4. Use Caffeine Wisely

Current science shows that we can safely consume 3-4 cups of coffee per day. However, caffeine affects everyone differently and research is still mixed on how it can affect our long term health.

Caffeine can temporarily enhance your memory, alertness, and cognitive function, but it also suppresses your appetite. When you're feeling tired and reach for another cup of coffee, your body may actually be asking for fuel. Sometimes a snack or meal is really the boost of energy your body needs. When the caffeine wears off, you often still feel tired and possibly even more hungry.

Caffeinated drinks also often carry other added ingredients, like cream, sugar, artificial sweeteners, or processed ingredients. Many of these ingredients can spike your blood sugar and energy temporarily but cause a crash in energy shortly after.



5. Choose Whole Foods & A Balanced Diet

When we feel that afternoon slump, we often go for 'airy' types of snacks. But, things like chips, cookies, and pretzels can just leave us feeling more hungry.

By combining these snacks you crave with another food group or a good source of fiber, protein, or healthy fat will slow the digestion, stabilize your blood sugar, and boost your energy and brain power. Choose carrots and hummus, whole grain crackers and guacamole, slices of cheese with grapes or an apple, or Greek yogurt with berries. They key is to combine two food groups for a more filling, satisfying, and nutritious snack.

balanced plate


9 Nutrients to Boost Brain Power and Prevent Fatigue:

for relaxation and stress relief
almonds, cashews, spinach

for brain power
fatty fish, ground flaxseed, chia seeds

for brain power
berries, nuts, fish, beans, darker colored fruits & veggies

can stabilize blood sugar and increase satisfaction and satiety
whole grains, nuts, seeds, beans

Unsaturated Fats
can stabilize blood sugar and increase satisfaction and satiety
avocado, olives, olive oil, nut butters, nuts, seeds

can stabilize blood sugar and increase satisfaction and satiety
nuts, seeds, beans, legumes, meat, dairy, soy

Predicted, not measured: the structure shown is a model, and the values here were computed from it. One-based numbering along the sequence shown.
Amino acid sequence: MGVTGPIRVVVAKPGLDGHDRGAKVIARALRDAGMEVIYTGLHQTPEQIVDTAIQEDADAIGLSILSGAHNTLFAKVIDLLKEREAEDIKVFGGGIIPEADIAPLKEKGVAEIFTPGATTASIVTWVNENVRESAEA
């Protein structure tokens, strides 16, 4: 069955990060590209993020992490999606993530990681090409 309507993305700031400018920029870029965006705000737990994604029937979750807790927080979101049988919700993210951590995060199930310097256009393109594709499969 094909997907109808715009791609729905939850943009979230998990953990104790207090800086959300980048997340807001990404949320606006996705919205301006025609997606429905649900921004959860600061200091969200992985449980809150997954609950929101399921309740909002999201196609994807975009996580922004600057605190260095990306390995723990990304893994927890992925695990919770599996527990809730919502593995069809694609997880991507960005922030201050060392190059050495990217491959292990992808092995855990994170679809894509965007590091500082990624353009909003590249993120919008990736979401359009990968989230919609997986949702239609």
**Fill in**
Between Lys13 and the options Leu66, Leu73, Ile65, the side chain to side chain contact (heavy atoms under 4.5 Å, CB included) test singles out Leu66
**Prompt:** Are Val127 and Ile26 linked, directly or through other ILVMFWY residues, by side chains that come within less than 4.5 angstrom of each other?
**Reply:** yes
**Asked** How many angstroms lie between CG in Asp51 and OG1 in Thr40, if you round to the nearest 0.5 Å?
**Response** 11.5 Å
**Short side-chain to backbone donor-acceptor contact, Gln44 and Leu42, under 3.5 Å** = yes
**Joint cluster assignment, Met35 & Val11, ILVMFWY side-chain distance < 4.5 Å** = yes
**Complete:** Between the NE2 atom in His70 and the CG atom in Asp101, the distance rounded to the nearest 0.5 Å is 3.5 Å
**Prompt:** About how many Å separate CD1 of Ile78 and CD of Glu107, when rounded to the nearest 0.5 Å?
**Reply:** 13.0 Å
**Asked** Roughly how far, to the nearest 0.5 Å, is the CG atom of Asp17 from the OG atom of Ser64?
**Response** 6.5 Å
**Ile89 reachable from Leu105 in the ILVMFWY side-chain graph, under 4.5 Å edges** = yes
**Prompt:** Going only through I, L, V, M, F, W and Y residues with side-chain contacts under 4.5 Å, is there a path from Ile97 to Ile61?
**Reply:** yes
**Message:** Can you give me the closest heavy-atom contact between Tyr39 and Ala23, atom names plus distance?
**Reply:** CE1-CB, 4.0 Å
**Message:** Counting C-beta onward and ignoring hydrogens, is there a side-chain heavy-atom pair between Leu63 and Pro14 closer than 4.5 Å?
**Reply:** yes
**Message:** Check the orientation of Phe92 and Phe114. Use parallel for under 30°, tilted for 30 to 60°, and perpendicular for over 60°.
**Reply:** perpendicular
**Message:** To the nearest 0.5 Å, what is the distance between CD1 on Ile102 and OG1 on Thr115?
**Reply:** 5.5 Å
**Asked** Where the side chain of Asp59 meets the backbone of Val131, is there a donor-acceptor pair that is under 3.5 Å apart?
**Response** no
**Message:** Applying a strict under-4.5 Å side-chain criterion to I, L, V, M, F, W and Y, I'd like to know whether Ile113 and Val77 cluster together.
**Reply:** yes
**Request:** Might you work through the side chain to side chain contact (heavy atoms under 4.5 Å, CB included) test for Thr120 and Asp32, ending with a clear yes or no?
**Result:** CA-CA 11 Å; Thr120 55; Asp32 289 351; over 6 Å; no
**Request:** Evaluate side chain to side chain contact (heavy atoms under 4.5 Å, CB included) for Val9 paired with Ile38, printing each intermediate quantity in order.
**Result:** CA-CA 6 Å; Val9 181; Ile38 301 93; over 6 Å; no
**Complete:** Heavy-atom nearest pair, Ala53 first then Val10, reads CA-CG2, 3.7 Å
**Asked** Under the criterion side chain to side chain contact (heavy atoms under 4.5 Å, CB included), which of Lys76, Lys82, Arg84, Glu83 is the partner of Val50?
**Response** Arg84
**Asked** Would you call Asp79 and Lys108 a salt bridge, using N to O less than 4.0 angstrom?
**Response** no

for nervous system function and messages
found in dark leafy greens, brussels sprouts, broccoli, asparagus, avocado, lentils

for nervous system function and messages
egg yolks, wheat germ, scallops, chicken, broccoli, peanuts

sends oxygen to the brain and provides energy
beans, lentils, spinach, meat

White Bean & Artichoke Hummus

Guest post by Joey Bruno of ThriveCuisine.com.

white bean hummus dip 1.jpg

This white bean and artichoke hummus is perfect for a quick weekday lunch, snack, or as a crowd-pleasing appetizer and takes only a few minutes to prepare.

It is great for…

  • Spreading on bread or pita
  • Dipping celery, carrot sticks, or other veggies
  • Using on a sandwich as a more nutrient-dense alternative to mayo.

I often double or triple this recipe to prep for a few days. If you are making multiple batches I would suggest using a blender or food processor. Both countertop and handheld blenders work great. You can see my reviews and recommendations for countertop blenders here and handheld blenders here. For a single batch, you can use a potato masher or fork and leave extra chunks if you would like.

white bean artichoke hummus no garnish.jpg


1 16 oz can white beans (Cannellini or great northern), drained and rinsed
Juice from ½ of a lemon
1 clove of garlic (roasted if you'd like)
1 16 oz can of artichoke hearts, drained
1 Tbsp tahini (optional)
1 Tbsp nutritional yeast (optional)*
Salt and pepper to taste

*Note: Nutritional yeast is often used as a vegan alternative to cheese and is a good source of vitamin B12 (good for energy and brain function!). You can often substitute nutritional yeast with parmesan cheese.



  1. Combine all ingredients except artichoke hearts in a blender or food processor.
  2. Blend until smooth, leaving some chunks for texture if you would like.